Amazon Deforestation Soars 69% in a Year

Deforestation of Amazon has soared by 69% in a year

RIO DE JANEIRO, Brazil — Amazon deforestation jumped 69 percent in the past 12 months — the first such increase in three years — as rising demand for soy and cattle pushes farmers and ranchers to raze trees, officials said Saturday.
Some 3,145 square miles of forest were destroyed between August 2007 and August 2008 — a 69 percent increase over the 1,861 square miles felled in the previous 12 months, according to the National Institute for Space Research, or INPE, which monitors destruction of the Amazon.
“We’re not content,” Environment Minister Carlos Minc said. “Deforestation must fall more and conditions for sustainable development must improve.”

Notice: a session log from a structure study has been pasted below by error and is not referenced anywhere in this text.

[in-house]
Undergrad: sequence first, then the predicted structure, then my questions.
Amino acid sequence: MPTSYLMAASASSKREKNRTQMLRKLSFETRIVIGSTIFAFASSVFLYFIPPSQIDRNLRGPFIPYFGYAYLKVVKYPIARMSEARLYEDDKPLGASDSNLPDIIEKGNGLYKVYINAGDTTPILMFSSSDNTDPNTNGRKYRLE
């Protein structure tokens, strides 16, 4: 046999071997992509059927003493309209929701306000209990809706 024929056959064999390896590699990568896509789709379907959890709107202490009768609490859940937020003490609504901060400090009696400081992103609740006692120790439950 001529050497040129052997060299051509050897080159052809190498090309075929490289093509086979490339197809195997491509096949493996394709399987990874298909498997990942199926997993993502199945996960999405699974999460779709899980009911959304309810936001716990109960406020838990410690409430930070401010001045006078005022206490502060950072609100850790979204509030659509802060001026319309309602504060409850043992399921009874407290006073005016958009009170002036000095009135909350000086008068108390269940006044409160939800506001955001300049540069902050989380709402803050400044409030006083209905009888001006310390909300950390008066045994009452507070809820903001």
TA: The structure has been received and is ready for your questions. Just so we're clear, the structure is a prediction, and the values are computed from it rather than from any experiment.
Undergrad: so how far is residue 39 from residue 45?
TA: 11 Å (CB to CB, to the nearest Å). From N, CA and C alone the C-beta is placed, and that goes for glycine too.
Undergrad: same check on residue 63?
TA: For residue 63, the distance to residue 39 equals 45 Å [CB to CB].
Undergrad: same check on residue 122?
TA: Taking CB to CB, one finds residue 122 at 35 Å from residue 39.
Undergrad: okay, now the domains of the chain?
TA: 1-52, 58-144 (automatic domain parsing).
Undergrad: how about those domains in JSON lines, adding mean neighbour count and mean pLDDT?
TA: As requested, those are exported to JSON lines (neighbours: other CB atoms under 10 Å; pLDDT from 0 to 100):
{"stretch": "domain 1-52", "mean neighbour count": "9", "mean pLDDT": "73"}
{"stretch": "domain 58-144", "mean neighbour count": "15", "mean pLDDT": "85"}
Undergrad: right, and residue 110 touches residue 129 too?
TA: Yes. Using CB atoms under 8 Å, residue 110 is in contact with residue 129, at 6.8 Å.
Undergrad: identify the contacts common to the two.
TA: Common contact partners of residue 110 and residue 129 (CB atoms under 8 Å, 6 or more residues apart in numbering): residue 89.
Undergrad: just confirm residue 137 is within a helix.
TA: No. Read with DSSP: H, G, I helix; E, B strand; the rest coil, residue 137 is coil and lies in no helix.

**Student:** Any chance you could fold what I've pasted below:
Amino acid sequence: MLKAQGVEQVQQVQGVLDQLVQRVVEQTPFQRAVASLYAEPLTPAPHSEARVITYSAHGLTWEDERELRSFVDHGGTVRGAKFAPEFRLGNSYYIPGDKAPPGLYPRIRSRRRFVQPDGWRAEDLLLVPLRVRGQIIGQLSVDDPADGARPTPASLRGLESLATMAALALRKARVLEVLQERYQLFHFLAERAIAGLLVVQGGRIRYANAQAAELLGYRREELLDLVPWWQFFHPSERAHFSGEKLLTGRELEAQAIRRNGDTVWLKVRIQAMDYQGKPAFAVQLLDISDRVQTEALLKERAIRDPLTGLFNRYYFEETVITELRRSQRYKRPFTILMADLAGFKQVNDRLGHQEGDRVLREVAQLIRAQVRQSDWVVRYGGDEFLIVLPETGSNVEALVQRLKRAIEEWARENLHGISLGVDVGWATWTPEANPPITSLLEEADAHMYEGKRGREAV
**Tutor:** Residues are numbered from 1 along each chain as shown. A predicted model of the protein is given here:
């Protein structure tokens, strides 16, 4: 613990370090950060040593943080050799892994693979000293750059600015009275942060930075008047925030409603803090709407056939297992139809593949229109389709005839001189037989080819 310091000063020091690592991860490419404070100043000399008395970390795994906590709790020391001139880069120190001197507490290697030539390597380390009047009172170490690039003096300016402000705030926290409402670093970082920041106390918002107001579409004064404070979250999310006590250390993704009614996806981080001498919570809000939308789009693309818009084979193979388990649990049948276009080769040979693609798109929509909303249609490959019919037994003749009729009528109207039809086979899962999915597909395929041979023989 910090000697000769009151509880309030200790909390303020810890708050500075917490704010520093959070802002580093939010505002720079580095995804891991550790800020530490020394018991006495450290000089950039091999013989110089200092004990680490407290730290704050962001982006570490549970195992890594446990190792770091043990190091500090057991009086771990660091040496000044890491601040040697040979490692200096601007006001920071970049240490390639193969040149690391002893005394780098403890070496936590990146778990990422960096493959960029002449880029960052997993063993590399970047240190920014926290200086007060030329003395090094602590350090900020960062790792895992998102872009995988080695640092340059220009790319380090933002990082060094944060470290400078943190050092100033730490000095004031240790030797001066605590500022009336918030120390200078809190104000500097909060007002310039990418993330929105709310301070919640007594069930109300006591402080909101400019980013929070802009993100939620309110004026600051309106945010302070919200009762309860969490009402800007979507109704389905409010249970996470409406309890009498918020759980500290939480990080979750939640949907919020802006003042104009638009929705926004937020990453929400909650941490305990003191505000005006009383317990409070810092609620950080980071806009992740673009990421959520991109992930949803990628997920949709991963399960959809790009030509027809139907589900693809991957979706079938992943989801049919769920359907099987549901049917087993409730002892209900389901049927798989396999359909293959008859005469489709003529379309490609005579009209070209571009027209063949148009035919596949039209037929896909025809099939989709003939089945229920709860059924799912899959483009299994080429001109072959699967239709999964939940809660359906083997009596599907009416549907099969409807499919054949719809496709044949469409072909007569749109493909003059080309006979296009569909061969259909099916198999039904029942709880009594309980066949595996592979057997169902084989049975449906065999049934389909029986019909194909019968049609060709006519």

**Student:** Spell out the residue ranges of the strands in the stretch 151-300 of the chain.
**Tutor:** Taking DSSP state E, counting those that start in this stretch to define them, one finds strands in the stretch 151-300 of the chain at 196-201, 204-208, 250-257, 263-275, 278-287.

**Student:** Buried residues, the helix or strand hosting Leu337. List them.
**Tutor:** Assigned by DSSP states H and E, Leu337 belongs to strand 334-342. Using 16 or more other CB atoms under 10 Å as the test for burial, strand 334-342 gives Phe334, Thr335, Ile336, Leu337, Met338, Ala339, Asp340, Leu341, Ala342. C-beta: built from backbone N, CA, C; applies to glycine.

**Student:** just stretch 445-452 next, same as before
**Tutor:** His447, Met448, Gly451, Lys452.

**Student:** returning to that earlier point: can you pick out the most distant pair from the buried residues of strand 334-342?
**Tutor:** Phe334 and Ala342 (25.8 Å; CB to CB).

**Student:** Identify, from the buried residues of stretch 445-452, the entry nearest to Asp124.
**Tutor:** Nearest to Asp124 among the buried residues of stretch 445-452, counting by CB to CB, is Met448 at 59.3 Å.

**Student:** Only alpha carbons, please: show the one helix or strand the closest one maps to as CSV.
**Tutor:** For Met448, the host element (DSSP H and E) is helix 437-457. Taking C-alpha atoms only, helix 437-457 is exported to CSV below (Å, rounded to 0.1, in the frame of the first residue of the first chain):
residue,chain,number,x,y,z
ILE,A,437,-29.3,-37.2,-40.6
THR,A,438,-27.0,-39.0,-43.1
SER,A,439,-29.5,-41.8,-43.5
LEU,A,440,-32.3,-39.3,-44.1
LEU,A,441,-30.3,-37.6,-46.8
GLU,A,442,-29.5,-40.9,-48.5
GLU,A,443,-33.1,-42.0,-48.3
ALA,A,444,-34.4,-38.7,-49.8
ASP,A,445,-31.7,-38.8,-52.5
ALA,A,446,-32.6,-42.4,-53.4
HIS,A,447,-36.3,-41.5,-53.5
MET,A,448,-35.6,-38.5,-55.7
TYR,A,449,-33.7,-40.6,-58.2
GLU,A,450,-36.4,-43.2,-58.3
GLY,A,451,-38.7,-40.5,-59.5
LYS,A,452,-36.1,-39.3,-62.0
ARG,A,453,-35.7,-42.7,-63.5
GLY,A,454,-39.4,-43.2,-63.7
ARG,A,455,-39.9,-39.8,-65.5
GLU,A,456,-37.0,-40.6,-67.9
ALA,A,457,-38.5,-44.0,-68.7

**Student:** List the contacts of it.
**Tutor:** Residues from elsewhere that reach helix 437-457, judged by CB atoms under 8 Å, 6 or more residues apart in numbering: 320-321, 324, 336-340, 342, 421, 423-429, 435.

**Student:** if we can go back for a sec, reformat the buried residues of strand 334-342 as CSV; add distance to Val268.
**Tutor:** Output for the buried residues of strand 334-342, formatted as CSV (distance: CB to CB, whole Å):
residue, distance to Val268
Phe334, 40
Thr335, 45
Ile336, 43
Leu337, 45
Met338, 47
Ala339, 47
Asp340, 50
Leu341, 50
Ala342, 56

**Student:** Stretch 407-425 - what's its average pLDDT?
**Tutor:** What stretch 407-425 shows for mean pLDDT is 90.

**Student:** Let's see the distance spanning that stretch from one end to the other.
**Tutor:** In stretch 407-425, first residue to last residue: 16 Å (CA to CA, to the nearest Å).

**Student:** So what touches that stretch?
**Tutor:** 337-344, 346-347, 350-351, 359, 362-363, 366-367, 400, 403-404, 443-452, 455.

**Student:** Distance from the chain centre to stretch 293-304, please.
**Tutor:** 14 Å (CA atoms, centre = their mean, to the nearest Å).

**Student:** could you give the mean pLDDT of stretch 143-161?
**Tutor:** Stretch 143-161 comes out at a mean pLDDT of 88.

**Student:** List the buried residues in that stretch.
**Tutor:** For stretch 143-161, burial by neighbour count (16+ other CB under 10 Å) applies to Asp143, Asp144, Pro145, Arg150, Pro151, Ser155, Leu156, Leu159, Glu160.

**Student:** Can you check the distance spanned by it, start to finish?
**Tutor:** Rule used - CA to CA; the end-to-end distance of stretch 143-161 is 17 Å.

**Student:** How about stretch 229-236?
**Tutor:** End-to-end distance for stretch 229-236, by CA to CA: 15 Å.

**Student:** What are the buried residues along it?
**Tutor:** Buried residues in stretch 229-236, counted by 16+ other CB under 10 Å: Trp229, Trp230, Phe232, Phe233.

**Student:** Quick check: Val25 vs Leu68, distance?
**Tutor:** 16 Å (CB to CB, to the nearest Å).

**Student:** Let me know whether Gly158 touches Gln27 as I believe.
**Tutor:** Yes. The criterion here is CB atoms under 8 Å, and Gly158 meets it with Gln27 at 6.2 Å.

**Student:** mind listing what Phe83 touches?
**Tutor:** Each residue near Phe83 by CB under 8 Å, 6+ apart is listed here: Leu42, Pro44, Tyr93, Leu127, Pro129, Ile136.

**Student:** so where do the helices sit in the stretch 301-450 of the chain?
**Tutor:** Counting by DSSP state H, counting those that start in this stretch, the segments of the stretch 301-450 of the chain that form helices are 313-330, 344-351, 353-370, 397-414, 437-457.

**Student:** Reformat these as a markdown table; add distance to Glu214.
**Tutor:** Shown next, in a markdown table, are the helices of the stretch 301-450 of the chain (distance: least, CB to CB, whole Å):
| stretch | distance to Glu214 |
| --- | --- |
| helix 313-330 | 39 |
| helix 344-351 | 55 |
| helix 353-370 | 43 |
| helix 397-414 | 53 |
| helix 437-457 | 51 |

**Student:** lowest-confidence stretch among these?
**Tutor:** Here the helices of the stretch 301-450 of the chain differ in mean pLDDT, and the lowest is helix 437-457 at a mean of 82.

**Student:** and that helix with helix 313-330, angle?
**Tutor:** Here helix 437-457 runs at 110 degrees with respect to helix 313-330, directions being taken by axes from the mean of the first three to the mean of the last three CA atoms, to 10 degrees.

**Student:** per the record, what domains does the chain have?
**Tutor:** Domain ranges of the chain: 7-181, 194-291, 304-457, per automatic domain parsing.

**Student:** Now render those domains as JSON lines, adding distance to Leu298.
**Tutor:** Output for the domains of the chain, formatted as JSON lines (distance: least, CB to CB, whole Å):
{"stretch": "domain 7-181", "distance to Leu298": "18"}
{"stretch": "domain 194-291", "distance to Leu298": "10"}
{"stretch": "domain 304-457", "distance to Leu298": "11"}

Brazil’s government has increased cash payments to fight illegal Amazon logging this year, and it eliminated government bank loans to farmers who illegally clear forest to plant crops.
The country lost 2.7 percent of its Amazon rain forest in 2007, or 4,250 square miles. Environmental officials fear even more land will be razed this year — but they have not forecast how much.
Minc says monthly deforestation rates have slowed since May, but environmental groups say seasonal shifts in tree cutting make the annual number a more accurate gauge.

Most deforestation happens in March and April, the start of Brazil’s dry season, and routinely tapers off in May, June and July: Last month, 125 square miles of trees were felled, 61 percent less than the area razed in June.
Environmentalists also argue that INPE’s deforestation report wasn’t designed to give accurate monthly figures, but to alert and direct the government to deforestation hot spots in time to save the land.
The Amazon region covers about 1.6 million square miles of Brazil, nearly 60 percent of the country. About 20 percent of that land has already been deforested.


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